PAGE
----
A small, but formidable country of 5.2 million people, Scotland caught the attention of the world as it’s citizens engaged in a national referendum on 18th of September 2014, to decide if it should depart from it’s political union with the rest of the United Kingdom, and become an independent country.
For many Scots the independence referendum was the first time, in a long time, that they had engaged in politics. The country exercised its democratic muscle like never before, voter turn out was 84.6%, the highest on record for any Scotland wide poll. The referendum was historic for a number of reasons, an important one being the expansion of the voter franchise to include 16 and 17 year olds for the first time. In high schools and high streets across the country, apparent previously ‘apathetic’ young people, rolled up their sleeves and put themselves front and centre of the debate.
The referendum showed that for young people, indeed for all voters, when they perceive an issue to be important and are inspired by it, they will both participate in the debate and turn out to vote. 62% of 16-19 year olds voted yes, for an independent Scotland. Indeed, the majority of under 30’s also voted yes – now dubbed ‘Generation Yes.’ Whilst older people in Scotland, perhaps with more to loose through fear of any economic uncertainty, voted no, with two-thirds of over 70’s voting to stay in the union.
Speaking to 23 year old Robert Grant, he commented ‘I noticed that I was very much interested in the Indy ref and still am. I’d vote yes again, ten times over.’
The referendum campaign was a festival of democracy – its was fun, vibrant, energising, diverse, and inspired a generation to think about their place in the world, as relative to their peers and as citizens. A quarter of Scotland’s 16- and 17-year-olds have joined a political party since the independence referendum. A hailed success of the legacy of the referendum, is that 16 and 17 year olds now have the right to vote in all Scottish elections. However, they cannot vote in UK elections, as Westminster has yet to extend the franchise for 16 and 17 year olds. This also means that they will not be able to vote in the upcoming referendum on membership of Europe – another important constitutional issue for the population of Scotland and across the UK.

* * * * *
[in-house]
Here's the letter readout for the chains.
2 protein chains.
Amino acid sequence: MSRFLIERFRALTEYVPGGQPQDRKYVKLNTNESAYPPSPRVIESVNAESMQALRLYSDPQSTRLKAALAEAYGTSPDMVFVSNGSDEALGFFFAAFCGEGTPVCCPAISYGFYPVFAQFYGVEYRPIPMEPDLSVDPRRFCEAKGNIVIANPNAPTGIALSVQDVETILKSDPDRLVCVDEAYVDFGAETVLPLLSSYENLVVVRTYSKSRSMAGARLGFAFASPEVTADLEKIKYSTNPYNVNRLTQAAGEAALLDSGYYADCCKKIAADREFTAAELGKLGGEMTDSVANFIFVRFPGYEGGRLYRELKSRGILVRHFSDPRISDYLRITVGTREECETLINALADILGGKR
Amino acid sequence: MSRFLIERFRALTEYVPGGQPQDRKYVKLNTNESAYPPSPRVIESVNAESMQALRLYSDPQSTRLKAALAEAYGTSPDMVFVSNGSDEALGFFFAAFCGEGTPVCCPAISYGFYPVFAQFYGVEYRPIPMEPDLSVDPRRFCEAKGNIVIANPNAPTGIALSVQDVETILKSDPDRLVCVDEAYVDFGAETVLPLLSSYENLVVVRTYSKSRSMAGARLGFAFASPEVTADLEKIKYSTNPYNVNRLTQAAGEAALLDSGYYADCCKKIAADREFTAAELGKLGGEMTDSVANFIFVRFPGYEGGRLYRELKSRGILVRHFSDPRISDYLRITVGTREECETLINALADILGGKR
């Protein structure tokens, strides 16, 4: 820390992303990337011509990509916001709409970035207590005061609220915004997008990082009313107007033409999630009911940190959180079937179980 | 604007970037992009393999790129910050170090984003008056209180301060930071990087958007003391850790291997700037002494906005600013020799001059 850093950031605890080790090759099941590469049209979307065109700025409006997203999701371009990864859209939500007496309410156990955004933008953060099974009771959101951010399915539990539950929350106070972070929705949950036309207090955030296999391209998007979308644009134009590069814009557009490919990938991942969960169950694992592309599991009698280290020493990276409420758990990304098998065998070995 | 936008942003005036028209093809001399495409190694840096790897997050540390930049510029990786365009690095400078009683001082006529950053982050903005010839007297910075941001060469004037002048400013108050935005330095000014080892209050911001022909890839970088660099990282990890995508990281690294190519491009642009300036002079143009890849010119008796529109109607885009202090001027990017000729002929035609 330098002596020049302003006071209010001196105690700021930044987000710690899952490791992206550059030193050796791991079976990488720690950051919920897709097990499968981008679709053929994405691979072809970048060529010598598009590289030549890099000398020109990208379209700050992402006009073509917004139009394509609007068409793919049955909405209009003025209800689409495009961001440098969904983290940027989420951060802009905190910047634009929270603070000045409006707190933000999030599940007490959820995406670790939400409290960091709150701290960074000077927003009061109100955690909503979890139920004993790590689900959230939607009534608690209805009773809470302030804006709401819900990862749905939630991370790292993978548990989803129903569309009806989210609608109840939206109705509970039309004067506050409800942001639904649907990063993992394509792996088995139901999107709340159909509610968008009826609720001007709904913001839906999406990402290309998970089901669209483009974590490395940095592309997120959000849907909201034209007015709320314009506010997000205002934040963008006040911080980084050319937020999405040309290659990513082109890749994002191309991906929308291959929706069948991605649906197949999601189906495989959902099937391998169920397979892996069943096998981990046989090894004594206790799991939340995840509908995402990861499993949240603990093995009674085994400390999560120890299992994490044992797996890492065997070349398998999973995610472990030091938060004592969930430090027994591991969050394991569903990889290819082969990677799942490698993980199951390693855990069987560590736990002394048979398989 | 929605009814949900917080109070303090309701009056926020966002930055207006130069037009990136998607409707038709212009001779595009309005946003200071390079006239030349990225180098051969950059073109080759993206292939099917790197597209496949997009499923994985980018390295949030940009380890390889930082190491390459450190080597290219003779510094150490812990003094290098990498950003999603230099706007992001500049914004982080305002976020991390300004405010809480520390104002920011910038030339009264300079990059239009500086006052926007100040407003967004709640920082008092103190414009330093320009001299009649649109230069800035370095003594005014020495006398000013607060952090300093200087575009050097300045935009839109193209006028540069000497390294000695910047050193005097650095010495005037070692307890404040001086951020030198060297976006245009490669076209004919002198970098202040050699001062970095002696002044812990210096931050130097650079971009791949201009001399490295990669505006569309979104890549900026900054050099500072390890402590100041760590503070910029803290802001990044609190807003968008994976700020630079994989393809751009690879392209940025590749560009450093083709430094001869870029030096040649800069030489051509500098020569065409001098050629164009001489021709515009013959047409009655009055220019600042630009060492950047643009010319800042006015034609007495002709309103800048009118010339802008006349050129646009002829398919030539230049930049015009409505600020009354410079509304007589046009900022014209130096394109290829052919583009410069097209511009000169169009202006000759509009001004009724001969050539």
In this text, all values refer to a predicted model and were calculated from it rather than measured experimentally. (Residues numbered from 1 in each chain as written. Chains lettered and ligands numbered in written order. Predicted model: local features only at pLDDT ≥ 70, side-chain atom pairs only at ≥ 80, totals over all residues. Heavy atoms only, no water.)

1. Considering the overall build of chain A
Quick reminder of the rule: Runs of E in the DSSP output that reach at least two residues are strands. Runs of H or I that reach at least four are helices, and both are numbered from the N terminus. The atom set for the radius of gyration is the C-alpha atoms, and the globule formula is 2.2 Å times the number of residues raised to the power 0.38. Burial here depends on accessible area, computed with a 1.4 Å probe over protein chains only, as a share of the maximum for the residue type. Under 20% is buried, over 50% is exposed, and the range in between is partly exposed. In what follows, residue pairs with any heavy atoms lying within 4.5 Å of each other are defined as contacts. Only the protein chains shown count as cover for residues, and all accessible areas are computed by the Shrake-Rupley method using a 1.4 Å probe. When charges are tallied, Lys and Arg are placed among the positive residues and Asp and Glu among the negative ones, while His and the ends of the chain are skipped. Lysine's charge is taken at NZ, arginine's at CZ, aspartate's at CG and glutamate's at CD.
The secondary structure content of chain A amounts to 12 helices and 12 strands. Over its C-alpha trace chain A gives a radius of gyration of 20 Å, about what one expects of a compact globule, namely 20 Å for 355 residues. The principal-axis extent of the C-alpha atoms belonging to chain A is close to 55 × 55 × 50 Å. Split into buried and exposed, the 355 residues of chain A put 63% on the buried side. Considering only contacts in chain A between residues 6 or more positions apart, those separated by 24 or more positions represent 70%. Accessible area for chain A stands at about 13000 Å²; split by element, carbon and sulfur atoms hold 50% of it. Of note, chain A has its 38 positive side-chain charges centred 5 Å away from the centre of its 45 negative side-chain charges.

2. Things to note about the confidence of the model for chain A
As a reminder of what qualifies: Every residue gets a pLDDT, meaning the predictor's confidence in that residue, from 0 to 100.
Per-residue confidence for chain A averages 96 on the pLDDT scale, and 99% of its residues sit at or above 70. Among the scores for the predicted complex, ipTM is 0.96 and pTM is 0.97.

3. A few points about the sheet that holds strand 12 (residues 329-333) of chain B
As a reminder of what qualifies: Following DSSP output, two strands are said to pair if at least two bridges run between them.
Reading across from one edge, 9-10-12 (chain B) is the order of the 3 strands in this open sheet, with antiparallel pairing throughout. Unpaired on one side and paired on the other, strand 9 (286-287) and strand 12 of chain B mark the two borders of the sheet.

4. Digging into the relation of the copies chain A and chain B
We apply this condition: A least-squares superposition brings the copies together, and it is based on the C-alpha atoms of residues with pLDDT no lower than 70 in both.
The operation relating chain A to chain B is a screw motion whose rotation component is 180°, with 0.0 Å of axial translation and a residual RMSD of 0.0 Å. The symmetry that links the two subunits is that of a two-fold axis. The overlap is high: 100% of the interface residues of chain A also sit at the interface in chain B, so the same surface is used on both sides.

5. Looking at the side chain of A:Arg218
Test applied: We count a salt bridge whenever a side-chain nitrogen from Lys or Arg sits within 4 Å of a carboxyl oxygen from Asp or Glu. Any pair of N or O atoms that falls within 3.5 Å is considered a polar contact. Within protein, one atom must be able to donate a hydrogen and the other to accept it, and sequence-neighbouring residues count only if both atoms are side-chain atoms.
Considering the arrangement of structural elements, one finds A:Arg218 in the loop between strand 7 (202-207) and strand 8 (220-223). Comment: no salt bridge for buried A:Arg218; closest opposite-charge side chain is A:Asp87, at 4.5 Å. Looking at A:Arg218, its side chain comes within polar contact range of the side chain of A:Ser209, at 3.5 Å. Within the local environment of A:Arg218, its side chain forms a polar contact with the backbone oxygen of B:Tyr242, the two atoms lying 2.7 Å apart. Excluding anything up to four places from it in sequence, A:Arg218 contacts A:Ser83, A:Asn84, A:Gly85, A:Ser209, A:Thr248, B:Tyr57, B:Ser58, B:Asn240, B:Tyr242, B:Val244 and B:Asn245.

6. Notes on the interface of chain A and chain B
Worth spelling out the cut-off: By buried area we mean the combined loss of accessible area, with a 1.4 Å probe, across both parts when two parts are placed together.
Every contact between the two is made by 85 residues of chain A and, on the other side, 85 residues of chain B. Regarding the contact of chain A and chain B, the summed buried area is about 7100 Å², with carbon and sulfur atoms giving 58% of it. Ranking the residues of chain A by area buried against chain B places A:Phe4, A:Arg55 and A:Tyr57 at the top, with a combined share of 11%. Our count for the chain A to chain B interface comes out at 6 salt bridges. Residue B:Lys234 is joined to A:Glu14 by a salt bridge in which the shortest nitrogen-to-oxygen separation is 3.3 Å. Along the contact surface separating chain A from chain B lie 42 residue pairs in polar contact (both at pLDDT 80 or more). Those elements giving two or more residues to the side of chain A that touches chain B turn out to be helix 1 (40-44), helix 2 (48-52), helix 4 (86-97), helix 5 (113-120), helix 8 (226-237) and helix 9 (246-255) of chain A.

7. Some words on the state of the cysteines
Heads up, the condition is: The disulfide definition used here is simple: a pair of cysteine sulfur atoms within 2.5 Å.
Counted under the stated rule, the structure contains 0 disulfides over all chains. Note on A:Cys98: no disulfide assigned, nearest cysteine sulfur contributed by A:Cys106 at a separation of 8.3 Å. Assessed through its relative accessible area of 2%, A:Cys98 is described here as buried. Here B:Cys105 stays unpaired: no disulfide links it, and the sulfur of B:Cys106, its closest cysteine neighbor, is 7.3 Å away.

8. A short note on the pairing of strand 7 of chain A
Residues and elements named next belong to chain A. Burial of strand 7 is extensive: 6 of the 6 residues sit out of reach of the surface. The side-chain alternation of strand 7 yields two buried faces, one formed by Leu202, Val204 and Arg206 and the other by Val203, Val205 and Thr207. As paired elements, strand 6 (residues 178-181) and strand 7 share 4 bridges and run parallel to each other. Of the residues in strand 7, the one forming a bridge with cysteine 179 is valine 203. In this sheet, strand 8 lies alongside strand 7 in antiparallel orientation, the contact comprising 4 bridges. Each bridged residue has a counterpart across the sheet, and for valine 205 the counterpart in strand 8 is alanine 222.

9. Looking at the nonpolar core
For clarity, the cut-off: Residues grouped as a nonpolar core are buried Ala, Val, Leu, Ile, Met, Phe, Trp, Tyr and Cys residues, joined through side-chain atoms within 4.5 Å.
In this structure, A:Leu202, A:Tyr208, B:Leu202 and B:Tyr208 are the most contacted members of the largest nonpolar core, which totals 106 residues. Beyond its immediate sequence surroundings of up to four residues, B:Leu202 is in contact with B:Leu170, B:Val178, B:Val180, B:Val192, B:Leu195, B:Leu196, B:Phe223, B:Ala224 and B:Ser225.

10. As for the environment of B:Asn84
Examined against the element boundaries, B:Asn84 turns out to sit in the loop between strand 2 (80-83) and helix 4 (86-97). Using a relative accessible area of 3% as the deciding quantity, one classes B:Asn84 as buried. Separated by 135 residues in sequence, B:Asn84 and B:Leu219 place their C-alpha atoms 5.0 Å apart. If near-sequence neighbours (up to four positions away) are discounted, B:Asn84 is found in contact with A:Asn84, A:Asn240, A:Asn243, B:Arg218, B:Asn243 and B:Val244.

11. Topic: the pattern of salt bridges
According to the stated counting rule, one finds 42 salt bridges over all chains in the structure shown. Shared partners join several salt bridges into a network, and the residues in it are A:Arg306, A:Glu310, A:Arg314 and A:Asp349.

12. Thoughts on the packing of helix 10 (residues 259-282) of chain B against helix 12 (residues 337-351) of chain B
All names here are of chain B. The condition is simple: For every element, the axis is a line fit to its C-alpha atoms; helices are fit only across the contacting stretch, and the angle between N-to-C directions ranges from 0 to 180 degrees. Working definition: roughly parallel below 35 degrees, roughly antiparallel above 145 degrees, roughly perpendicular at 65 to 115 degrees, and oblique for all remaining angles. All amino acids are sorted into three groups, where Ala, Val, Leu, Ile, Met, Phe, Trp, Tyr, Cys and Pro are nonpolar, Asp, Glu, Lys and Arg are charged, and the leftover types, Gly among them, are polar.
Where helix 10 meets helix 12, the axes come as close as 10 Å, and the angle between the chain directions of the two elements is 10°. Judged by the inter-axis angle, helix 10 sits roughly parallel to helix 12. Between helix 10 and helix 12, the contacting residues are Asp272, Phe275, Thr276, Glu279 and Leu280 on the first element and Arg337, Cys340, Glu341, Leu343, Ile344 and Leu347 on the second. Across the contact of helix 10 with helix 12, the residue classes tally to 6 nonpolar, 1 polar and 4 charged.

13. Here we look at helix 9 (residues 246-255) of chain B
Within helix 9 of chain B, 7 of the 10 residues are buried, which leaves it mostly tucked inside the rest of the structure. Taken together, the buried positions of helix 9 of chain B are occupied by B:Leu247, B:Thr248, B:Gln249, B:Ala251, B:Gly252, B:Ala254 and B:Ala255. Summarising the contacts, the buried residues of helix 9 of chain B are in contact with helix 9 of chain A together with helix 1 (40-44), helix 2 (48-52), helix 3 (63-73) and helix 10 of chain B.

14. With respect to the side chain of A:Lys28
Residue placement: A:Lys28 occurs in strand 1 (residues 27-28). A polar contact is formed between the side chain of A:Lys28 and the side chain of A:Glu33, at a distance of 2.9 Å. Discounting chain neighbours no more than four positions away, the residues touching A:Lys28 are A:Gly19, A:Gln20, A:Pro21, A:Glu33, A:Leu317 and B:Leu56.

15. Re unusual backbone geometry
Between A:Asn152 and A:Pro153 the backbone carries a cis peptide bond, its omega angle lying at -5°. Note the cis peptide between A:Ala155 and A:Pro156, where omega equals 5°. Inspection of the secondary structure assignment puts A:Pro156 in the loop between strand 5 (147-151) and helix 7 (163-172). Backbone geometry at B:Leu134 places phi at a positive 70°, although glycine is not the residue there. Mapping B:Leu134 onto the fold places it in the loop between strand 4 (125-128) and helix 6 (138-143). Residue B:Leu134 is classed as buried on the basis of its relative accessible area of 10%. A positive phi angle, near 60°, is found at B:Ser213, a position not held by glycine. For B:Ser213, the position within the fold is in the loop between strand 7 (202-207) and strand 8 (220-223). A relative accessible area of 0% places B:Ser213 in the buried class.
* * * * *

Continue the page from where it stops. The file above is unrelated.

Like young people across Europe, young Scots are experiencing the brunt of economic downturn and financial crisis. As academic Alan Mackie puts it ‘it is young people who have been hardest hit by the economic turbulence of recession and austerity with the unemployment rate for young people running (at times) at three times the rate of the rest of the populace.‘ He goes on to say that ‘this is further compounded with recent studies showing that their real incomes have fallen faster in comparison to other age groups.’
Asking Robert about the upcoming referendum vote on membership of the European Union he commented ‘I’m not terribly clued up about this EU vote, however a big selling point is that we have the right to travel, to work in these EU countries. My friends and I have discussed this a few times, and we have came to the conclusion that we should stay in the EU.’
When speaking with 24 year old Aileen McKay about the prospect of the rest of the UK voting to leave, whilst Scotland is likely to vote in favour of staying in, she commented:
“I cannot pretend to be hugely enthusiastic about the future of the EU bureaucratic structures given their track record of late. But to leave on a wave of semi-state sanctioned, press-hyped British Nationalism would be wrong.”
“Scotland’s young citizens think differently to the middle-aged media barons orchestrating the current debate on EU membership around a racist and anti-immigrant rhetoric. We are outward-looking and forward thinking.”
In Scotland our experience shows that when given a real say, and power to make decisions and shape the future, young people will grasp them with both hands. The local and national context is important to young people, and they will engage with global and international issues, when they feel that they have influence to change things. Scotland’s independence referendum enables people to set a vision for a future country, this inspired young people to see themselves as part of this future, and gave them hope for a future tat worked for them.
I wonder, and in some ways suggest, that perhaps the future of Europe, and its success, lies with handing more power, both political and economic, to our young people. We are after all, the ones that will have to live with the consequences of continued failures the longest. And perhaps we might also be the ones that our future Europe has been waiting for.